Nathan Howard ’25
Chief News Editor
On February 16, 2023, Georgetown University hosted Holy Cross President Vincent Rougeau as a panelist for their U.S. Catholics and Challenges to Democracy conversation as part of their Initiative on Catholic Social Thought and Public Life. According to Georgetown University, their Initiative on Catholic Social Thought and Public Life “is a unique effort to promote dialogue on Catholic social thought and national and global issues, build bridges across political, religious, and ideological lines, and encourage a new generation of Catholic lay leaders to see their faith as an asset in pursuing the common good.”
The U.S. Catholics and Challenges to Democracy conversation serves to analyze recent challenges faced by democracy in the United States from a Catholic viewpoint. The talk takes into consideration the growing threat of political violence associated with “Christian nationalist” groups throughout the nation, including their role in the violent insurrection at the U.S. Capitol on January 6, 2021. The talk specifically took into consideration the words of Pope Francis, who in 2021 stated that “democracy may be the response to the siren songs of authoritarianism; and that individualism and indifference may be overcome by concern for others, for the poor and for creation” but warned that the world was seeing a “retreat from democracy” in the face of violent authoritarian terror.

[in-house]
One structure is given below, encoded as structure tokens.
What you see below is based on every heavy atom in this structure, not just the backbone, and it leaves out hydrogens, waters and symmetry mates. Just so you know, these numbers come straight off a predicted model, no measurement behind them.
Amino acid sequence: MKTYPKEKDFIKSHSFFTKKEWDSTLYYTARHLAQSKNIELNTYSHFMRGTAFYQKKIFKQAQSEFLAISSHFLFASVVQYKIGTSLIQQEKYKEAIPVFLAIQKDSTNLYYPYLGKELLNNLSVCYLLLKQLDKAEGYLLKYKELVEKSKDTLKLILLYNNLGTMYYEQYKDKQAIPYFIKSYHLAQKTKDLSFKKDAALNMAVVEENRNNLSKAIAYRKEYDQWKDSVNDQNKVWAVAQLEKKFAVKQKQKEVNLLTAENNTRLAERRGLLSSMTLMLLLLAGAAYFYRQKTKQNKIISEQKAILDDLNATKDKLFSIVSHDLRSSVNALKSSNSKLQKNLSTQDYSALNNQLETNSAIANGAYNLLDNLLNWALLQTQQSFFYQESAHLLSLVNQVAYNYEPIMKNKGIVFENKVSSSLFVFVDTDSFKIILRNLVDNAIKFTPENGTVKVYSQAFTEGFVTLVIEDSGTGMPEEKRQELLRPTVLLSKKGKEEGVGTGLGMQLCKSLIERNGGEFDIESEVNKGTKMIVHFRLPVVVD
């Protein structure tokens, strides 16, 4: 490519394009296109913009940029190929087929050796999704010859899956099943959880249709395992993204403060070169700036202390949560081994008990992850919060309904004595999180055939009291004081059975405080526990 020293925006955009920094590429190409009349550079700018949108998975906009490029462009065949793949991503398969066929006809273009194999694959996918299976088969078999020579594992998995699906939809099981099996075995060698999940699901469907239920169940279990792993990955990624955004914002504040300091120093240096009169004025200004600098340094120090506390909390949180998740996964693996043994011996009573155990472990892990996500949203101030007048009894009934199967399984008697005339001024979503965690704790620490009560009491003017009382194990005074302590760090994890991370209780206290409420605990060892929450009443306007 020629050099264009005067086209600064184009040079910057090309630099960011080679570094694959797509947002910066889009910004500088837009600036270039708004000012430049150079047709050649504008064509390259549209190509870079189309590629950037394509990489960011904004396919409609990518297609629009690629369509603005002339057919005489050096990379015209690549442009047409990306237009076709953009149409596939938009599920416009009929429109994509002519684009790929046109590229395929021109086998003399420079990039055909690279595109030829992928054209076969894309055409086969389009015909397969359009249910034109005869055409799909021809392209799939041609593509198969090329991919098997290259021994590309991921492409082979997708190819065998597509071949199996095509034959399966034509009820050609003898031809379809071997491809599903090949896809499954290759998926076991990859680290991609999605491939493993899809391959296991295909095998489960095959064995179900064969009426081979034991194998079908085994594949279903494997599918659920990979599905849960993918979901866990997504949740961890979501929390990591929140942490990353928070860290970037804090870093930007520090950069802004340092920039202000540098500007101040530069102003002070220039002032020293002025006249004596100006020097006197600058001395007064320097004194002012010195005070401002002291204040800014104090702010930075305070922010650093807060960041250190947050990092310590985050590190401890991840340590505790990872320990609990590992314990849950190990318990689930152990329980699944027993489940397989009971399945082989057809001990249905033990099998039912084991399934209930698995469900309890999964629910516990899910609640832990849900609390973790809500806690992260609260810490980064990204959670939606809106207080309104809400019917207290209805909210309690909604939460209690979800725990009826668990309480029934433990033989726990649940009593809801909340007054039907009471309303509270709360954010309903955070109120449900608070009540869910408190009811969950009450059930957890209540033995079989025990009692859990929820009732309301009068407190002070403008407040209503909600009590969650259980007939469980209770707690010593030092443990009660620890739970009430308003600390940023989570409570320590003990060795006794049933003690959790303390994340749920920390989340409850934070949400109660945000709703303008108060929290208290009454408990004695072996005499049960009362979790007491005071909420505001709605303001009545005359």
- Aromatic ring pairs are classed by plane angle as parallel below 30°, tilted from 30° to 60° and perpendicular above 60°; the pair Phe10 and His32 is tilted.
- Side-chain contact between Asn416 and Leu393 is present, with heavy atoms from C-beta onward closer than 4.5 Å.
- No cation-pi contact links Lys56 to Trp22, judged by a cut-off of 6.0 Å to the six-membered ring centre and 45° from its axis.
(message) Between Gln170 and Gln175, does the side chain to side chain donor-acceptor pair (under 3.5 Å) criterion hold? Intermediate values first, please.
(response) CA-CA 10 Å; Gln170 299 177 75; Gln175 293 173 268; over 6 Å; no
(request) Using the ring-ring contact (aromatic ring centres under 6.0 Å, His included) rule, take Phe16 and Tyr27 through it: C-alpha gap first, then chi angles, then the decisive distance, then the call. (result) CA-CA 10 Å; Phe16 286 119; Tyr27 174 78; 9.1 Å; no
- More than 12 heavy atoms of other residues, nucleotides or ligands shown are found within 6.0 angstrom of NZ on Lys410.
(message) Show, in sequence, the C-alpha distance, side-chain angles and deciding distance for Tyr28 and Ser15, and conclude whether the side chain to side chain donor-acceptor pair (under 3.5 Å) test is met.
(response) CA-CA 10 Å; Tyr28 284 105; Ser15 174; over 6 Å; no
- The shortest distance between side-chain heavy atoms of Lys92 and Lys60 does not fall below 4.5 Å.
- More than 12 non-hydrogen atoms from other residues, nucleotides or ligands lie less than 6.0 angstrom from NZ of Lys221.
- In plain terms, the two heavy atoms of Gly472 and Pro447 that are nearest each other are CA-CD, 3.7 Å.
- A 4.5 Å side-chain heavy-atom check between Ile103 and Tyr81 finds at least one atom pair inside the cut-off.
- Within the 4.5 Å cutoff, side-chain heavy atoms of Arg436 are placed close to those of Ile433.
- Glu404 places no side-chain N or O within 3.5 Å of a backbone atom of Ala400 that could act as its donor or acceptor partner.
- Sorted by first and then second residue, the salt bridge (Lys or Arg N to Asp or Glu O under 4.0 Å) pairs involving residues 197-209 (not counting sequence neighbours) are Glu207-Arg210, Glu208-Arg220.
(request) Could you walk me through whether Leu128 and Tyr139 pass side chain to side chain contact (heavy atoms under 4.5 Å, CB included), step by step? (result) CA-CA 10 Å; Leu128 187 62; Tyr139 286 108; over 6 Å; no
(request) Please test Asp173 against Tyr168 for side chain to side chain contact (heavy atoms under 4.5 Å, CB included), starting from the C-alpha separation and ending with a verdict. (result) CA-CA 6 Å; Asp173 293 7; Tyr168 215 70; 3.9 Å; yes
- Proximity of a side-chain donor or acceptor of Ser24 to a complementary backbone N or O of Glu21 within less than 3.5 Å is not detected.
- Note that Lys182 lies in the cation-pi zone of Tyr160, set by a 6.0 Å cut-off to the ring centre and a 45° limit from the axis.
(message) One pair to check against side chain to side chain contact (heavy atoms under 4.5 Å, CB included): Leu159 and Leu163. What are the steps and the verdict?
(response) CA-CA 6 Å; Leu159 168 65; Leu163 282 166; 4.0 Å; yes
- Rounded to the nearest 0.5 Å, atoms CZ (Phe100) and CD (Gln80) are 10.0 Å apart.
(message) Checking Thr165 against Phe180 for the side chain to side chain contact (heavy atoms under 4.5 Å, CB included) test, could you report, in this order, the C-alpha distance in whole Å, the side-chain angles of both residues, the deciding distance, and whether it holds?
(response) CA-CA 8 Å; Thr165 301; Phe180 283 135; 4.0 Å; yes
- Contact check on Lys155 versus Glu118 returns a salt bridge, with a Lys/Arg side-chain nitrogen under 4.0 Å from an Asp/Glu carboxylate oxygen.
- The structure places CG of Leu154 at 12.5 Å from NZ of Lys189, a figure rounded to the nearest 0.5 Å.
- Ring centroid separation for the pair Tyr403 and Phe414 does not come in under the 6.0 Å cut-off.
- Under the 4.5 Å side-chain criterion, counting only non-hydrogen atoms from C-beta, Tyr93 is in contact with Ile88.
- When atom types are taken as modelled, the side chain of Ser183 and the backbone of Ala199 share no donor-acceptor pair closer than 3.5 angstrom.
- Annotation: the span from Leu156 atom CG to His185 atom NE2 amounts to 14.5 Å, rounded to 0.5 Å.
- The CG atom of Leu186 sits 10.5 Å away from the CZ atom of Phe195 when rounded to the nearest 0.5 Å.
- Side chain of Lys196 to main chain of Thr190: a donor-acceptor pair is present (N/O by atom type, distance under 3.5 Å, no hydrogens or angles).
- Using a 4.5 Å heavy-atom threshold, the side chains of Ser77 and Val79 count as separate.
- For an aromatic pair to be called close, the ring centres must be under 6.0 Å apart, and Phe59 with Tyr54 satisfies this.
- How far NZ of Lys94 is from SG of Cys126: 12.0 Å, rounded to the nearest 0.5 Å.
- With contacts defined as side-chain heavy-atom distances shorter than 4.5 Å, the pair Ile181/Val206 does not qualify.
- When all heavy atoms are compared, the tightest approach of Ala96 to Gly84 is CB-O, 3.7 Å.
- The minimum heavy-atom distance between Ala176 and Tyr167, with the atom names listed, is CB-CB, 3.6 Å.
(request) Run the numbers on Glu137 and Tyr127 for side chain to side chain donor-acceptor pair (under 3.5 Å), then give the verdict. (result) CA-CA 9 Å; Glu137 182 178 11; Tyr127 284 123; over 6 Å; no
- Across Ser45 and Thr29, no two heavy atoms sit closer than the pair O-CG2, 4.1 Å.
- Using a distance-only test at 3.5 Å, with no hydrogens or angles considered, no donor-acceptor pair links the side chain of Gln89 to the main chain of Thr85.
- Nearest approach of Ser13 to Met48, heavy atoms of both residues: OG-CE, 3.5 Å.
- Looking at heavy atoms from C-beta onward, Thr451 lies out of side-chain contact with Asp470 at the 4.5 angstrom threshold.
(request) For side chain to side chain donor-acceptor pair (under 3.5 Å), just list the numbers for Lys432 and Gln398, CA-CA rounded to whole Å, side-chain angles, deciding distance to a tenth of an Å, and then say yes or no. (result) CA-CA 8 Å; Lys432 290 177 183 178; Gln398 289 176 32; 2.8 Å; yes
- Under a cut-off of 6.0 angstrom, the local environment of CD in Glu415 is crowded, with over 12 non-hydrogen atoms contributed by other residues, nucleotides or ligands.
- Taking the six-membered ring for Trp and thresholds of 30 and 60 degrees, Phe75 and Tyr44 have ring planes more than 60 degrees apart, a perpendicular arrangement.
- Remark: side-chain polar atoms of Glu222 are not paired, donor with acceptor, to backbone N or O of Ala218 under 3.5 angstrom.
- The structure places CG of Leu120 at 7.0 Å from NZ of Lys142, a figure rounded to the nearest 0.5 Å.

The conversation was moderated by Kim Daniels, who currently serves as director of the Initiative on Catholic Social Thought and Public Life and teaches at Georgetown University as an adjunct professor. In 2016, Daniels was appointed by Pope Francis to serve as a member of the Vatican Dicastery for Communication where she advised the organizing committee for the February 2019 Vatican Meeting on the Protection of Minors in the Church. The Initiative hosted four panelists for their U.S. Catholics and Challenges to Democracy conversation including Holy Cross President Vincent Rougeau, who is currently serving as the College’s first Black and first lay President and previously served as dean of the Boston College Law School, John McGreevy, the provost of the University of Notre Dame and a professor in their department of history, Jennifer Frey, an associate professor of philosophy at the University of South Carolina, a faculty fellow at the Institute of Human Ecology at the Catholic University of America and starting in July 2023, the inaugural dean of the new Honors College at the University of Tulsa, as well as Nichole Flores, an associate professor of religious studies at the University of Virginia.
The conversation answered a variety of questions associated with the correlation between American democracy and Catholic teachings. Foremost, the discussion analyzed the history of Catholicism’s connection with democratic ideals and institutions and how this history can be applied to the current challenges faced by democracy both in the United States and abroad. Additionally, the conversation discussed the public responsibilities of U.S. catholics when it comes to preserving democratic values and how Christian nationalism has threatened democratic institutions specific to the U.S. The panelists also analyzed specifically what roles racism, nativism, and anti-Semitism have played in the rise of challenges to democratic institutions in the United States and what role have Catholics played in “fostering the political and social conditions under which democratic norms and institutions have come under attack.” Finally, the panelists also discussed how U.S. Catholics can best utilize Pope Francis’ call for a “better kind of politics” and resist the “siren song” of authoritarianism to protect democracy both in our nation and abroad.
Photo courtesy of National Catholic Report
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